Monday, August 8, 2011

Publishers Playing the Social Media Game

by R.C. Lewis

We're in the age of social media. (You all know that, because you're reading a blog right now.) Facebook, Twitter, and now Google+—there are plenty of options for connecting with people all over the world. While the sites I mentioned are general and can be used for just about any purpose, personal to professional, there are also sites that cater to more specialized groups.

There's no shortage of places for writers to connect online—AgentQuery Connect, QueryTracker, Absolute Write, just to name a few. There are also a few communities run by Big 6 publishers, which we'll look at here.

The first site is Authonomy, established in 2008 by HarperCollins (UK-based). Originally conceived as an online slushpile, books are "backed" by other users to move up the ranks, and at the end of each month, the top five books are pulled for review by an editor at HC. Authonomy is open to just about any genre or audience, from kid-lit to erotica (the latter explaining why you must be 18 or older to join). Users must upload a minimum of 10k words, though some choose to upload their entire manuscript.

The Authonomy forums can be rough-and-tumble at times, but a savvy user can avoid trouble ... usually. The site itself has changed relatively little over its three years, adding a few features such as weighting backings based on Talent Spotter Rating (TSR), using star ratings to rank separately from the backing system, and requiring a backing to last at least 24 hours to count. A few books from the site have been published by HC—all pulled long before they reached the top five.

Inkpop is also run by HarperCollins (US-based), but is more specialized. This is the place for writing by teens and for teens. Much of the site works the same as Authonomy, but a major difference is the ability to upload shorter works (poetry and short stories).

After remaining fairly constant after launching in 2009, Inkpop recently underwent a major facelift. Besides changing the look of the site, several features have been added. There are now separate Top Five categories for novels, short work, and poetry (so a total of fifteen works are pulled for review each month). Rather than upload chapters as separate files, a single file is uploaded and viewed using Scribd. Users are ranked not only as Trendsetters (similar to Authonomy's TSR), but also as Critics. And like many other sites (and games) these days, there are 25 different badges users can earn. They're also gearing up for the release of Carrier of the Mark by Leigh Fallon, which made the Top Five last year and will be released by HarperTeen this fall. (Fun fact: I read several chapters of an early draft on Authonomy back in late 2009.)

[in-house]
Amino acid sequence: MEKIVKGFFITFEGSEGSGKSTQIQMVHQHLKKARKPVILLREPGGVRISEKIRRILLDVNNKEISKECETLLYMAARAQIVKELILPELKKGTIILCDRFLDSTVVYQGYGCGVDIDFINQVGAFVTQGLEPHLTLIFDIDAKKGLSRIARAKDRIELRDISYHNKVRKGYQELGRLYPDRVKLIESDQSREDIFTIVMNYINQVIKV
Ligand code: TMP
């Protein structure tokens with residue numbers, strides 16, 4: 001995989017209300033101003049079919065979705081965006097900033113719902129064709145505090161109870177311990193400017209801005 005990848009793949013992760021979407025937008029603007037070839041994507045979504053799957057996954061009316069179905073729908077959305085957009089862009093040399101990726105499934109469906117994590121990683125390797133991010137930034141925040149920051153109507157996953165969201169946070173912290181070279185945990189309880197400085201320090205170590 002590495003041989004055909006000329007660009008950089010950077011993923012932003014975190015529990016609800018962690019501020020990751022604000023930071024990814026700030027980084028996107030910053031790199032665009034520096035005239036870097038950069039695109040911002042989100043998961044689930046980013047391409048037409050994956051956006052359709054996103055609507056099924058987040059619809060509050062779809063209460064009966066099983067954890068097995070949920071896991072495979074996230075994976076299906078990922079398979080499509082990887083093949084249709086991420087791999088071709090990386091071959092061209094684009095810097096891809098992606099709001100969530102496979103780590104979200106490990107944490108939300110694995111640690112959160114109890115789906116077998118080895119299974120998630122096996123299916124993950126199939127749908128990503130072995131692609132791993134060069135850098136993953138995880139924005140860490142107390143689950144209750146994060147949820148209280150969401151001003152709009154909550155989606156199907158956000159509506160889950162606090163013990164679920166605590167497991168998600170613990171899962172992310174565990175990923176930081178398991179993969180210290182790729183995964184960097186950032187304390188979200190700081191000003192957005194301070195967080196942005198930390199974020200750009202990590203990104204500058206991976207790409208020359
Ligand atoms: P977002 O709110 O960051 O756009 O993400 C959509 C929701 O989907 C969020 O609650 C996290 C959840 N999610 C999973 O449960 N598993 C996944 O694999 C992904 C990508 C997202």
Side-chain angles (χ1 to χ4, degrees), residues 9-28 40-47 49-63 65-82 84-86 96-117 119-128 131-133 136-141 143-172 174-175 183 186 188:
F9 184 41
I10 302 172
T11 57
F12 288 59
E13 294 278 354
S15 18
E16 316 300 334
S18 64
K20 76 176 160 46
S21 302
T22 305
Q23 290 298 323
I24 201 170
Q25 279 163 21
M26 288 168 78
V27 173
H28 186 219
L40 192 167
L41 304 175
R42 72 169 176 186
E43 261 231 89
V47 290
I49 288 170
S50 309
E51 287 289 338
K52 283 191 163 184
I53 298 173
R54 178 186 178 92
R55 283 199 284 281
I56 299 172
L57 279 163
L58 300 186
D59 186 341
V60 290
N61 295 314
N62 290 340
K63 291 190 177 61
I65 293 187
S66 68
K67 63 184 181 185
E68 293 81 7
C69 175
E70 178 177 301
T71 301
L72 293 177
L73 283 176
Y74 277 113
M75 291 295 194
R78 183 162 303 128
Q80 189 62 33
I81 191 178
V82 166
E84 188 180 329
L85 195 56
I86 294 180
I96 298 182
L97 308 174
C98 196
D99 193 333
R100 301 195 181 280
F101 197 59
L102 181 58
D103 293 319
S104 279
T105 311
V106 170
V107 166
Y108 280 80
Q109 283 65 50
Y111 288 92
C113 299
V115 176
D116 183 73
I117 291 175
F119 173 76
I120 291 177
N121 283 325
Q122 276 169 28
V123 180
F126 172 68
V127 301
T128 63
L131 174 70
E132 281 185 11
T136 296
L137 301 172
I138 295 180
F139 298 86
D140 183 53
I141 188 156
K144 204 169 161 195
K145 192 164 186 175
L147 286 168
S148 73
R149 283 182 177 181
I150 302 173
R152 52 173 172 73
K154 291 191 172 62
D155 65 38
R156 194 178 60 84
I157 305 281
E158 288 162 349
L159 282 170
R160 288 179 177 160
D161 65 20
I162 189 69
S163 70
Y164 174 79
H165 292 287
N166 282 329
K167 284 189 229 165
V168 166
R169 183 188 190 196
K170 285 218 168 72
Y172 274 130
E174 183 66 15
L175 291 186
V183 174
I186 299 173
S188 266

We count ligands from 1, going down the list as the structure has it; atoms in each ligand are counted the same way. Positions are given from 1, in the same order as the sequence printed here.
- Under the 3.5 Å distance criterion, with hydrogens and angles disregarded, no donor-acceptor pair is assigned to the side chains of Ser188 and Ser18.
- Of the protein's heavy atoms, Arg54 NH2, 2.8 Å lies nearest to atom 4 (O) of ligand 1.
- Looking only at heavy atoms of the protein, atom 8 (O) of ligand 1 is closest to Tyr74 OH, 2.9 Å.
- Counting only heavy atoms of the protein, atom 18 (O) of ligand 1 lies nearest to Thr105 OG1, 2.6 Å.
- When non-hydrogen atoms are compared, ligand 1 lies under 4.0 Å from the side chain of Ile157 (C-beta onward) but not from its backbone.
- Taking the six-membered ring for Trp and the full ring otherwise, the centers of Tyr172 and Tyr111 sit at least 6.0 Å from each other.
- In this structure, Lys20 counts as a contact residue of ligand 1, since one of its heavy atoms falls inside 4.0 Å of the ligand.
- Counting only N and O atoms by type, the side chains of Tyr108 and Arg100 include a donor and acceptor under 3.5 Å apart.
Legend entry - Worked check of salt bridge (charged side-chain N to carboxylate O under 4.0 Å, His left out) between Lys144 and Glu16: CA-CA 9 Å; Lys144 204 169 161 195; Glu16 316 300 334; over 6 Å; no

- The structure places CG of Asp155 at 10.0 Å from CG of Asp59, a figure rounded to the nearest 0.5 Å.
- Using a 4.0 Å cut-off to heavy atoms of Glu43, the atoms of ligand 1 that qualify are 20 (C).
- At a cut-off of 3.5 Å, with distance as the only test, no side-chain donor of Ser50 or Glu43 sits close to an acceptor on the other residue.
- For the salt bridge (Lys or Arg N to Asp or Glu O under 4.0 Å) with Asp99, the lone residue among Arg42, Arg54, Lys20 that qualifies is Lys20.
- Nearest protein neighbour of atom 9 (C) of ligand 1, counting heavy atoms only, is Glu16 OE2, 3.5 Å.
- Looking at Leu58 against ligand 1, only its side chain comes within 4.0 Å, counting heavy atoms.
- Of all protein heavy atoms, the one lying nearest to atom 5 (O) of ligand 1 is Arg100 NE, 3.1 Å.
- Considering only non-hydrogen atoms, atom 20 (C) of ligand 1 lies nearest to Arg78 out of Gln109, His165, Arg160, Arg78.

The latest site to join the party is Book Country, started up by Penguin. They specialize in genre fiction—in fact, take a look at their rather cool Genre Map. Book Country is a little different from the HarperCollins-run sites. The focus is more on reviewing and connecting with other writers, as well as sharing information about the industry.

Reviews are broken down into different areas—Overall Feedback, Point of View, and Pacing. Books are given a star-rating, and like Inkpop, various badges can be earned. Reviews can be marked by others as helpful or not. While there are Book Country Favorites and Buzz Books, there's no promise for a review by an editor.

An interesting note from their site: "Later this year, Book Country will offer a convenient and affordable way to self-publish eBooks and print books. With a variety of services available, we want you to be able to put your book on the map. As Book Country grows, we will continue to offer additional features and services we think you will appreciate." I'm curious to see how this shapes up.

There are many benefits to each of these sites. Connections on Authonomy have given birth to several independent publishing groups. I personally know several writers who've been contacted by literary agents and publishers based on their visibility on both Authonomy and Book Country (and I imagine it's happened on Inkpop, too). And of course, getting feedback on your work is always a plus.

Have you been involved in any of these sites? How have they benefited you? What works and what doesn't? What would you like to see from a publisher-based community?


Anonymous said...

I will definitely check some of these resources out -- thanks for posting this. I have resisted getting on board with social media until now, being an "older person", but have finally come to realize that the e-world of publishing is the future.

R.C. Lewis said...

You're welcome. I hope one (or more) of them will be helpful to you.

Jemi Fraser said...

I've only peeked at those 2 or those 3 sites. They're definitely intriguing - just haven't had the extra time yet. Thanks for the tips :)

RSMellette said...

I tell young actors that every generation has it's own unique way of breaking in - in the early 1970's comedy troupes sprung up in Canada and Chicago - Second City being the most well-known. The people that paid their dues there, went on to become the Not Ready For Prime Time Players on an experimental live TV show called "Saturday Night Live."

Then there was Stand-up. Then there was the internet. Maybe this is what's next for writers.

R.C. Lewis said...

Good point, RS. And you know, sometimes these sites feel a little like reality TV competitions for writers. ;)